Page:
Ats Betting Explained Lyrics - Sports Betting

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Ats Betting Explained Lyrics

Category: Betting


Paul McCartney - I Can Bet lyrics

I Can Bet lyrics

We can give it a try

I'll look you straight in the eye and pull you to me

If you don’t understand

I’ll take ahold of your hand and pull you near me

I can bet you will never guess

I can bet that you’ll never guess

We can give it a go

But if you’d rather not know, I won’t reveal it

I can bet you will never guess

I can bet that you’ll never guess

Create with me, yeah

Don’t wait for me to be steady

I’ve got no plan, yeah

But I’m your man, yeah

And I’ll be there when you’re ready

I can bet you will never guess

I can bet that you’ll never guess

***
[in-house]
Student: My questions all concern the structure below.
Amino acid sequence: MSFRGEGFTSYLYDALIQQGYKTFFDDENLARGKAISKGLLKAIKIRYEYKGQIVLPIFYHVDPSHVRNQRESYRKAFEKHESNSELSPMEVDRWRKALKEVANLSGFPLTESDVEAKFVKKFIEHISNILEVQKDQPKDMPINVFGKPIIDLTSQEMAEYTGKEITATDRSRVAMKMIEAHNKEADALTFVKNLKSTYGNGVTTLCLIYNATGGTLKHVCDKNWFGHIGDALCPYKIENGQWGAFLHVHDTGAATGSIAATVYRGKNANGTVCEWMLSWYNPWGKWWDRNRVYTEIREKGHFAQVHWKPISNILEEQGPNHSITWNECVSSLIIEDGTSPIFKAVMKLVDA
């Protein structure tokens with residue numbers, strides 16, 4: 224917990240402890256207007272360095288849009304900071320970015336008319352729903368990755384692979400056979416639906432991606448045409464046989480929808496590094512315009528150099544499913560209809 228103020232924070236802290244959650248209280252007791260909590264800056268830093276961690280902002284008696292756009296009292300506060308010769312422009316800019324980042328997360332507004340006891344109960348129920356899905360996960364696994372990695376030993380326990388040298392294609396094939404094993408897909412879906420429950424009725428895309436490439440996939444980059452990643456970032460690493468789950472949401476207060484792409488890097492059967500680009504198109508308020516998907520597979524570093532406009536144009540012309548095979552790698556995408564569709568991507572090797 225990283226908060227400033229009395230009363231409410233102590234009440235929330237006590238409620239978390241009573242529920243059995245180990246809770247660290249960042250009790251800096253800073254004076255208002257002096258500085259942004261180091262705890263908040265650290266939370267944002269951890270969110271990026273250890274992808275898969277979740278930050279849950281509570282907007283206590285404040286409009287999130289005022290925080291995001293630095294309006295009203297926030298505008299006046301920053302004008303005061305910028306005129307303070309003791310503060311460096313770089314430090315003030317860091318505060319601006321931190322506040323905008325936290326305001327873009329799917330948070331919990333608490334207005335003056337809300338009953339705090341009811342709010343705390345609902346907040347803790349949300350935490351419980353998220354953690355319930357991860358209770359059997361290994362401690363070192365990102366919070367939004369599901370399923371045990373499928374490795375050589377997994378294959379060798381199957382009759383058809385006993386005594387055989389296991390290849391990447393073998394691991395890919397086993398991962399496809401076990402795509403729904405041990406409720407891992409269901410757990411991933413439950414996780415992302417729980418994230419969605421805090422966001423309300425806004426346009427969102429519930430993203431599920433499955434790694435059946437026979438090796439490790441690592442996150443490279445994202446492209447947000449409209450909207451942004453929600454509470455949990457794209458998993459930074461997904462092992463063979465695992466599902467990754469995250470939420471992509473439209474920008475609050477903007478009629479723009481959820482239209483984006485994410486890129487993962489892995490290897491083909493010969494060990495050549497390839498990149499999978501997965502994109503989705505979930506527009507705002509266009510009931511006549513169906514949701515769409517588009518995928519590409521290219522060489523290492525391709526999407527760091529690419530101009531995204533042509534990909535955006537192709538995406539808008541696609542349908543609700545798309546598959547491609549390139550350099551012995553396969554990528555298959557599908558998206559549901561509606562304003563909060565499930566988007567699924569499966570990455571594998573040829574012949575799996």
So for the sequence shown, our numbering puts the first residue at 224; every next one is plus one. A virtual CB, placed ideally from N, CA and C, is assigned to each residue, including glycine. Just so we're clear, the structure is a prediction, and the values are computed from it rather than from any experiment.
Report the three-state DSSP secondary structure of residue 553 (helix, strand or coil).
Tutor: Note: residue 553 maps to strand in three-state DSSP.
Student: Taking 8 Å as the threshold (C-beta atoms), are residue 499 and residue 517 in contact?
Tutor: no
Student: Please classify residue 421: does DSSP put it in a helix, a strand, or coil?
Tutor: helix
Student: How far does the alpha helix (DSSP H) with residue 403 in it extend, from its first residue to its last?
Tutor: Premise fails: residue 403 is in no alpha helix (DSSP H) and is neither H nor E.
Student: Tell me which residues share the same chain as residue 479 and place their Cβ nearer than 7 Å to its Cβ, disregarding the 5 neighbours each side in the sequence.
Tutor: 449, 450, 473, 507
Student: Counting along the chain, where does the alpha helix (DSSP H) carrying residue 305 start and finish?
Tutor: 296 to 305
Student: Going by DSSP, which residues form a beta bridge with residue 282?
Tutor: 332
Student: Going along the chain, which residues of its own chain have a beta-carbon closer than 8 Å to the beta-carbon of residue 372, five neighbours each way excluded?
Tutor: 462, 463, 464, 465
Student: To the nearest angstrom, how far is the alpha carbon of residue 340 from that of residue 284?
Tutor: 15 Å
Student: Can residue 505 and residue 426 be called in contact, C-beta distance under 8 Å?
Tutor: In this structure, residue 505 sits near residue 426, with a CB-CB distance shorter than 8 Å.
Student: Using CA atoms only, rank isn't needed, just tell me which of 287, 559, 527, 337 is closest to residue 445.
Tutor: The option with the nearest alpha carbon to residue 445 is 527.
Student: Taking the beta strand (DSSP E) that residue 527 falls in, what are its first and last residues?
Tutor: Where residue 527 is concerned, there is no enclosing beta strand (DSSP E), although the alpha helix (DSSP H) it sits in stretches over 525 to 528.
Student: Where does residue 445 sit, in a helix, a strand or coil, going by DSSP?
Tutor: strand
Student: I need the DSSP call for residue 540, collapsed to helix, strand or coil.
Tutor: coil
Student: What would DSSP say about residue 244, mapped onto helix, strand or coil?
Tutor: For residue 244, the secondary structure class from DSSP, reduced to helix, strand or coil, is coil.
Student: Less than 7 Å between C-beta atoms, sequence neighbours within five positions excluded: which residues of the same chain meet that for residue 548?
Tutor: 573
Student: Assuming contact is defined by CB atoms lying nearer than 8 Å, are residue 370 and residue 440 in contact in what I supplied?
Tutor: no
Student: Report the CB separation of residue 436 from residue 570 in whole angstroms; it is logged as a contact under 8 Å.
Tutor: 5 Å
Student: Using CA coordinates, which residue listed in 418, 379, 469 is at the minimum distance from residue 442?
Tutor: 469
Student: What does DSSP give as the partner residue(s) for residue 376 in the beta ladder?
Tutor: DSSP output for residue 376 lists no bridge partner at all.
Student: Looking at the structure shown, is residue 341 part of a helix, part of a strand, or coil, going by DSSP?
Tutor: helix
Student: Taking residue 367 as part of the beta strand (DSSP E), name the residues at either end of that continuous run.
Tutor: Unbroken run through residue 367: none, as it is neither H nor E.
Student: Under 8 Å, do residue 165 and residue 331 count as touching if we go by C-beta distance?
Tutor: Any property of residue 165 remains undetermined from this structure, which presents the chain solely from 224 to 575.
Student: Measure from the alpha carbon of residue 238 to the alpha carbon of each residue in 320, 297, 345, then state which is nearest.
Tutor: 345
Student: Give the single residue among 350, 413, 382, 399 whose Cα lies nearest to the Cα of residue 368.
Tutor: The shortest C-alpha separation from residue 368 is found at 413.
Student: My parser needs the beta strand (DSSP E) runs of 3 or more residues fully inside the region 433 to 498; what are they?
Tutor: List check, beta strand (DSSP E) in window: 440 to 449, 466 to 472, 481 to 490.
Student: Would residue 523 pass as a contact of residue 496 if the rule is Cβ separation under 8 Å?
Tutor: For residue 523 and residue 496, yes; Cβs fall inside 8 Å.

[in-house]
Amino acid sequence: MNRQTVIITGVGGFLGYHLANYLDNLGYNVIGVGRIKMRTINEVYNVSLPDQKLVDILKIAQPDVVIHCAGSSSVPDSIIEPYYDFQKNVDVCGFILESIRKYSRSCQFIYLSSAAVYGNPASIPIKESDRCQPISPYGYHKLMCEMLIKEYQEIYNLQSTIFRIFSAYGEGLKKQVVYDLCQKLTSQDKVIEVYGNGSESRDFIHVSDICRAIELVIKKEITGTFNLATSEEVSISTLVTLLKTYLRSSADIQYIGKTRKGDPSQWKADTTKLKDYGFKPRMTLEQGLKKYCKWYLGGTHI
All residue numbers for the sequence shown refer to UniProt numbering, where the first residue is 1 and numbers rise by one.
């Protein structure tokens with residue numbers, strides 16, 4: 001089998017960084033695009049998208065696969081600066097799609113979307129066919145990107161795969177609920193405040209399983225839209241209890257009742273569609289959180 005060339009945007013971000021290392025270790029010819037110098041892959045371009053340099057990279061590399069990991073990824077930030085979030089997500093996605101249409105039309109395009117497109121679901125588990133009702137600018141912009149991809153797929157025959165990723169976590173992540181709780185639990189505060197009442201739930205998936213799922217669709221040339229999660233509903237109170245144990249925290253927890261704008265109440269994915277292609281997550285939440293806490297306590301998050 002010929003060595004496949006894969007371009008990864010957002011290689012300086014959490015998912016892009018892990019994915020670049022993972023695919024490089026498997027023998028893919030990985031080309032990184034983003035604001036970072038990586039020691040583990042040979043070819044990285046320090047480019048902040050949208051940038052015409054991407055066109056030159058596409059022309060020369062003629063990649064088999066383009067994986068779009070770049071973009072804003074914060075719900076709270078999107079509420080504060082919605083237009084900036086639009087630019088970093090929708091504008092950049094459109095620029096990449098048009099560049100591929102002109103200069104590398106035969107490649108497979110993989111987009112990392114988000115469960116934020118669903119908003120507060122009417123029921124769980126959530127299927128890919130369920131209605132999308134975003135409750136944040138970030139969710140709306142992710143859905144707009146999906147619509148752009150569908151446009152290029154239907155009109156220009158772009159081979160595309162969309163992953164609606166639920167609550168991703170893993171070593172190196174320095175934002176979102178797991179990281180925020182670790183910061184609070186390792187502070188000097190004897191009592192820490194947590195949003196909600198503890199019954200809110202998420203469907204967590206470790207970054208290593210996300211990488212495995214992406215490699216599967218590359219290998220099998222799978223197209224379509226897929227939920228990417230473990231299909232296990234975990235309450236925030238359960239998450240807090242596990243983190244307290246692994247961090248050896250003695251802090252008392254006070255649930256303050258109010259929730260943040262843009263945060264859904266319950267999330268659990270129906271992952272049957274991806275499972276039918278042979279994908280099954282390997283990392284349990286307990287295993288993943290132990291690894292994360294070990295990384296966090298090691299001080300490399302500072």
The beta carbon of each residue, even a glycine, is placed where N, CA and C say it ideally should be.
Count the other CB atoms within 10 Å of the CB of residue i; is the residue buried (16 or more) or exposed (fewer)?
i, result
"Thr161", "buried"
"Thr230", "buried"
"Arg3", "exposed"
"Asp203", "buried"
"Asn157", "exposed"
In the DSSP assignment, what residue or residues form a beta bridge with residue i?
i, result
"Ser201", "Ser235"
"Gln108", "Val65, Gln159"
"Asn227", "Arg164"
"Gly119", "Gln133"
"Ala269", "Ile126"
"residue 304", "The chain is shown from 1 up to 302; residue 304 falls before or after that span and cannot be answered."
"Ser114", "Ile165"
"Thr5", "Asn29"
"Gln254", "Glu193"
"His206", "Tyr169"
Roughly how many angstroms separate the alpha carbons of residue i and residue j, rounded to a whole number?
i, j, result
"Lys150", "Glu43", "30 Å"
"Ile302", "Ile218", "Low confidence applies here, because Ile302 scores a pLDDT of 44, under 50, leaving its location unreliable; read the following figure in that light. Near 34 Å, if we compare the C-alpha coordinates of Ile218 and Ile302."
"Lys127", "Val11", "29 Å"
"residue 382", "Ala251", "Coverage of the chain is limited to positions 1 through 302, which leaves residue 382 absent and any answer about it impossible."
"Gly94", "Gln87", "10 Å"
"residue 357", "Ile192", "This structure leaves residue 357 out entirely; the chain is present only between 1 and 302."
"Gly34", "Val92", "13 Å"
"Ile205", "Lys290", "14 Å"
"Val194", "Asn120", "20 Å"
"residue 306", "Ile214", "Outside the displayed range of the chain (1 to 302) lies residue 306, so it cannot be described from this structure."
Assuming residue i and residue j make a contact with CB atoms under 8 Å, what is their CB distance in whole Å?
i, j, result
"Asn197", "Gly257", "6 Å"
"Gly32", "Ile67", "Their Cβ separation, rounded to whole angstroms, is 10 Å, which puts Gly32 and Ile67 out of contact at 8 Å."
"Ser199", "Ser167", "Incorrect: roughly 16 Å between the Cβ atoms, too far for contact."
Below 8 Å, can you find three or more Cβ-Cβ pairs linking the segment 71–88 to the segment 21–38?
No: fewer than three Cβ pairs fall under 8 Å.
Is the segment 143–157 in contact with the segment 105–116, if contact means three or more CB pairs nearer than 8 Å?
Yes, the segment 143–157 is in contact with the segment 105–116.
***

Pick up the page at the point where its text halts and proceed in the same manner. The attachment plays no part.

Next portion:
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ATS Bets - Your ticket to winning plays!

ats betting explained lyrics

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What is a Single Bet, Bet Types Explained

Single Bets Explained What is a Single Bet?

A straight bet on the outcome of an event with returns determined based on the amount staked and the odds offered.

A single bet wins or loses depending on the outcome of the backed event. The person placing the bet must decide the amount they wish to stake, the higher the stake the higher the potential winnings. If the selection loses the bookmaker keeps the stake and returns nothing to the punter. If the selection wins, the stake is multiplied by the odds (fractions) to determine the profit, and both profit and stake are returned the customer. Bookmakers offer higher odds on selections they believe less likely to win. The higher the odds offered the greater the winnings when the selection does win. The basic strategy is to place bets on selections that you think are more likely to happen than the odds suggest. These are often described as "Value" bets.

A single bet can be modified into an each-way bet, to mitigate some risk by generating a return if the selection only finishes in a placing position See here for a full explanation.